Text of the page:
Senate Passes Bill to Enforce Local Content in Award of FG ContractsFeatured, Latest News, News Thursday, June 16th, 2016
Ayodele Afolabi, Abuja
BALTIMORE, MD (AFRICAN EXAMINER) – Senate on Thursday took a bold step towards enforcing the patronage of made in Nigeria goods in the award and implementation of government contracts, as it passed for third reading, the Bill seeking to Amend the Public Procurement Act (2007).
It also recommended for immediate constitution of the National Council on Public Procurement (NCPP) by the President in the bill which will take away from the Federal Executive Council (FEC) the responsibility of awarding contracts and place such duty on the NCPP, to be chaired by the President.
According to the general principles of the bill if signed into law by President Mohammadu Buhari, it will provide for and adopt a local content policy and timely completion of procurement process, to enable local manufacturers have the chance to be considered in government contractual procurements.
Presenting report on the bill to the Senate, the chairman, Senate Committee on Procurement, Joshua Dariye (PDP Plateau Central), said the Bill will go a long way to encourage Nigerian manufacturers, as the committed sustained the section that stipulated local content priority.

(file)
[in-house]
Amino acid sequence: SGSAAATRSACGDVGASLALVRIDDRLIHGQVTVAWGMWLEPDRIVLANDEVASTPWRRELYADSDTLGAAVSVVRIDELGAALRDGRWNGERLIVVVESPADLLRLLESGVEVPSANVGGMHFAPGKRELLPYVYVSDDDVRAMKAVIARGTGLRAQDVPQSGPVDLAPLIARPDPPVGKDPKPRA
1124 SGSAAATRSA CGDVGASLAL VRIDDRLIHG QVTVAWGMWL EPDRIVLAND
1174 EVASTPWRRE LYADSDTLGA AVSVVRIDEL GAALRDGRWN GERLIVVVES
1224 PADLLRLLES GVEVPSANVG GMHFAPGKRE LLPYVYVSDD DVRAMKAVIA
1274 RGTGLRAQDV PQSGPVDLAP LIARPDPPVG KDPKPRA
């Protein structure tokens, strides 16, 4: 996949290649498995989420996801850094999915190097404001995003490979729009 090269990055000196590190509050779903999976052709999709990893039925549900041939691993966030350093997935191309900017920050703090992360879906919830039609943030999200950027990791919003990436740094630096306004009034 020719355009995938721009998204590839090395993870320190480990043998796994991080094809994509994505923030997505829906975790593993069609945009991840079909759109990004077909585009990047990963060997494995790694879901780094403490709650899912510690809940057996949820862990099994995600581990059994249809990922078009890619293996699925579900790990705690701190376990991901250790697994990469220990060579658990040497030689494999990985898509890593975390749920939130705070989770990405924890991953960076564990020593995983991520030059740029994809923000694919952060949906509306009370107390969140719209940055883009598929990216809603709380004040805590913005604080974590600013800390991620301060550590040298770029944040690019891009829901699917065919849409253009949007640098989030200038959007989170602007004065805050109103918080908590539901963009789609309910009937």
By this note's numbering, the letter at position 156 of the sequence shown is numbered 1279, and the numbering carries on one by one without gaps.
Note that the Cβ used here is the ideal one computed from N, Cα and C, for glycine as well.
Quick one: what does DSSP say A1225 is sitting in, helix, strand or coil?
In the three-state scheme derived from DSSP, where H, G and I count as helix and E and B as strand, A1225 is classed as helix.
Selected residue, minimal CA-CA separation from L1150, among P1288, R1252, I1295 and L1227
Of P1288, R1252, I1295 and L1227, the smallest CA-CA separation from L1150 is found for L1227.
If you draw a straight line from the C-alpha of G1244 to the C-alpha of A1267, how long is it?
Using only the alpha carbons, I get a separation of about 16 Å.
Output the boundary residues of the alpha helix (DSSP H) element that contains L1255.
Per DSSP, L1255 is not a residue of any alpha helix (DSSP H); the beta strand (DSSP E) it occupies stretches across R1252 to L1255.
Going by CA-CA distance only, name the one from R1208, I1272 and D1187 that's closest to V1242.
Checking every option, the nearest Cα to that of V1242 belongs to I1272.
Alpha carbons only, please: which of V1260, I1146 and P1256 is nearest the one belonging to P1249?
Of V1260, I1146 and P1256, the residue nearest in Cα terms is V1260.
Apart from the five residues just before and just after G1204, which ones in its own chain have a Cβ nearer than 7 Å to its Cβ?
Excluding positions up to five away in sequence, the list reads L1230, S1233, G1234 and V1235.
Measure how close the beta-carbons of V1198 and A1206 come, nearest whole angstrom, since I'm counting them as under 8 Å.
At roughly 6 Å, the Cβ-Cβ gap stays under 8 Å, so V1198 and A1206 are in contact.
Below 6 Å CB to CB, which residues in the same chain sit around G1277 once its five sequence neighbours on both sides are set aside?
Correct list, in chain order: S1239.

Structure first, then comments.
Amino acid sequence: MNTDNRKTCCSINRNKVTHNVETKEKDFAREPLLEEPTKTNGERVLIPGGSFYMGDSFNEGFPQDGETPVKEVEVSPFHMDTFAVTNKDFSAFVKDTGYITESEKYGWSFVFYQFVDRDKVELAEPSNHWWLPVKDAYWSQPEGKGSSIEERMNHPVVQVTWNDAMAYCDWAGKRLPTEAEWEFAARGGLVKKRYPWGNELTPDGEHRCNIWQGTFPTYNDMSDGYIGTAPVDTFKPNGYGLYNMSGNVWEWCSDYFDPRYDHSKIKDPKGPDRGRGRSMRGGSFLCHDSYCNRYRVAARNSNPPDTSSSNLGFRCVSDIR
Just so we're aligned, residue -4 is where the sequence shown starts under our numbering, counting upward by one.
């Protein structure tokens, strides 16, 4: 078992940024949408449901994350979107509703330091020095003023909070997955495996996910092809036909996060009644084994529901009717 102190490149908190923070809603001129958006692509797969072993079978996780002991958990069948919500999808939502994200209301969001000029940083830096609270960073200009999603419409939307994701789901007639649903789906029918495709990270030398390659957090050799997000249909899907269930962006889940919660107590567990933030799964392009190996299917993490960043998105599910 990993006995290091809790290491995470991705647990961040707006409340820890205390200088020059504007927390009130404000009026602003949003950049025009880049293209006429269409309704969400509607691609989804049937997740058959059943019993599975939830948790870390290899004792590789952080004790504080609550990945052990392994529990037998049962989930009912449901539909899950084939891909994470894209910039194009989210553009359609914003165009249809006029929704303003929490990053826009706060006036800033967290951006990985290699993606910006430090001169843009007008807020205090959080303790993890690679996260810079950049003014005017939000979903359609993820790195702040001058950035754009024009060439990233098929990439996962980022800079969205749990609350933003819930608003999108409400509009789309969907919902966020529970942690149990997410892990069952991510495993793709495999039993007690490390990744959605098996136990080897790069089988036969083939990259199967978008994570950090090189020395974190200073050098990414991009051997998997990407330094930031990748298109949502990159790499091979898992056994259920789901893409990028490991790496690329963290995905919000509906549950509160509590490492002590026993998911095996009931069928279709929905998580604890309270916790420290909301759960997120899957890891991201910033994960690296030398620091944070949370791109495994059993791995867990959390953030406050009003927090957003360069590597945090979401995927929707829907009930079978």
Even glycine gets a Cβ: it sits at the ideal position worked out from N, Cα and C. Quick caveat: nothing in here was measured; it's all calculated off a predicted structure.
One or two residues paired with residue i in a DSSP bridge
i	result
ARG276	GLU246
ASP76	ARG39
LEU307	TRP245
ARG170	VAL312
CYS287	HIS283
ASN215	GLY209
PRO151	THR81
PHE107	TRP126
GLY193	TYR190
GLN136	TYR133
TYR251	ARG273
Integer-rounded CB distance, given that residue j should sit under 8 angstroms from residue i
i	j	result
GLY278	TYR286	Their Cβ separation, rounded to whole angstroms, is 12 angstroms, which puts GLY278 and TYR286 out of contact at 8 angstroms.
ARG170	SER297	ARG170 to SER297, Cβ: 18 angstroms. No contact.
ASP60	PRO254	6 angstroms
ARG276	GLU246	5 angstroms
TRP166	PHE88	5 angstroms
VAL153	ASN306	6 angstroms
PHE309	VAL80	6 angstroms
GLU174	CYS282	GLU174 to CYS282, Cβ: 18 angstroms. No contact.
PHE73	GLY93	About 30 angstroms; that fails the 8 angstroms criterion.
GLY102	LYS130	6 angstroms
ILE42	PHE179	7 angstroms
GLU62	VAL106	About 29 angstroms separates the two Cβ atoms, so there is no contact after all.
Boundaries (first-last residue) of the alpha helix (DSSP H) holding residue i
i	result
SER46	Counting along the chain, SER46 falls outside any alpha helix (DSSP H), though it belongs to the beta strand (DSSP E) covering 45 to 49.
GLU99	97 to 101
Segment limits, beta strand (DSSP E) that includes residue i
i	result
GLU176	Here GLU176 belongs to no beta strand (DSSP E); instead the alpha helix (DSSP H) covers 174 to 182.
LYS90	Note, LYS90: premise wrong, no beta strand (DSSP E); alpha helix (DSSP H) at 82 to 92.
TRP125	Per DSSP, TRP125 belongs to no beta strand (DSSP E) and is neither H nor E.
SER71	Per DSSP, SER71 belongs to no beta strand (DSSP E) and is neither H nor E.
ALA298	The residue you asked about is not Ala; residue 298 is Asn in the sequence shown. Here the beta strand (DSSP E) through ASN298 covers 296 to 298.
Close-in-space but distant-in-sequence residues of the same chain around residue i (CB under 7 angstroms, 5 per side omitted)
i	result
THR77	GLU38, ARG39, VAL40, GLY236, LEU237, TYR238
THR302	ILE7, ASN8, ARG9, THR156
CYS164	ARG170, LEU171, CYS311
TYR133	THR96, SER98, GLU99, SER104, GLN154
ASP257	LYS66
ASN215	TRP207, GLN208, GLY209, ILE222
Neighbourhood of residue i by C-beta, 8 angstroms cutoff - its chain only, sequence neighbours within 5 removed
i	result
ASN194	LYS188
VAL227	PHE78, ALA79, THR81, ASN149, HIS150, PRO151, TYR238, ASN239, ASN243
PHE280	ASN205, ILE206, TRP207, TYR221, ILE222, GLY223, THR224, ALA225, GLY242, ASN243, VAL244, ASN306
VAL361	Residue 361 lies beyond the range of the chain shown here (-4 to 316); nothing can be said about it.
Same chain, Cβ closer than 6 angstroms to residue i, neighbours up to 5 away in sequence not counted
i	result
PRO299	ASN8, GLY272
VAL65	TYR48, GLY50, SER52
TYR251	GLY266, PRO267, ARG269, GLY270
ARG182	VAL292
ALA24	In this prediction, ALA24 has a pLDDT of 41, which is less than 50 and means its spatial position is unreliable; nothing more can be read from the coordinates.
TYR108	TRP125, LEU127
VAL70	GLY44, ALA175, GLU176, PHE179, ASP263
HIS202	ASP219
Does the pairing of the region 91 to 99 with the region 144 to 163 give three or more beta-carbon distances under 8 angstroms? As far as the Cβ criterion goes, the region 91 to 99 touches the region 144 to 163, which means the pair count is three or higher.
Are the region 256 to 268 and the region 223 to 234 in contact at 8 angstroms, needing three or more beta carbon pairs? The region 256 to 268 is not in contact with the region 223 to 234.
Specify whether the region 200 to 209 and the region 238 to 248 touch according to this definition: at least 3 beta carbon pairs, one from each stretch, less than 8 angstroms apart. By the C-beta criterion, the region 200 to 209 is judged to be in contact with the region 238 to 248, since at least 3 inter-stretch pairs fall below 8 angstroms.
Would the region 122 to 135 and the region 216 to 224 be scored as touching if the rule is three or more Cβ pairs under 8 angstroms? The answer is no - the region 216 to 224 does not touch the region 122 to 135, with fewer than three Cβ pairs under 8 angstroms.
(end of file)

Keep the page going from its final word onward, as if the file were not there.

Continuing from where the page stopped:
He added that the Committee has equally sustained the amendment sought by the Bills for the purpose of patronising made in Nigeria goods, alongside foreign goods, saying “this will go a long way to encourage our Nigerian manufactures and by extension provide job opportunities for our teaming unemployed youths”.
He also explained that the committee rejected part of the amendment proposed by the Bill, which seeks to review upwardly the mobilization fee to be paid contractors from 15% to 35% in view of the current downturn in the nation’s economy but however jerked up to 25% by the senate at the passage of the bill.
The committee according to him, before the 25% approved mobilization fee for awarded contracts by the Senate, “believes that it does not make any economic sense to borrow at high interest rate and give up to 35% of contract sum to the same contractors that will be paid profit afterwards”.
Explaining further, he said the committee enhanced the time for completion of procurement processes at various phases, while the Section (1) was amended by adding sub section (2) to give the President the powers to appoint the chairman of the council, which he said is in line with Sections 171 and 172 of the 1999 Constitution as amended.
Briefing journalists after the bill was passed, senator Dariye also said the committee enlarged the membership of the National Council on Procurement to include the Nigerian Institute of Architects and the Nigeria Institute of Quantity Survey, pointing out that the two bodies are very vital to any capital project which he said is the major aspect of procurement.
Meanwhile, he said that by the time the Bill is assented to, by the President, the Federal Executive Council will no longer be in charge of awarding and approving contracts, but the National Council on Procurement will be charged with the responsibility as provided for in the Constitution of the country.
He equally expressed hope that President Mohammadu Buhari, being a leader who respects the rule of law, will sign the Bill when it is forwarded to him by the National Assembly.
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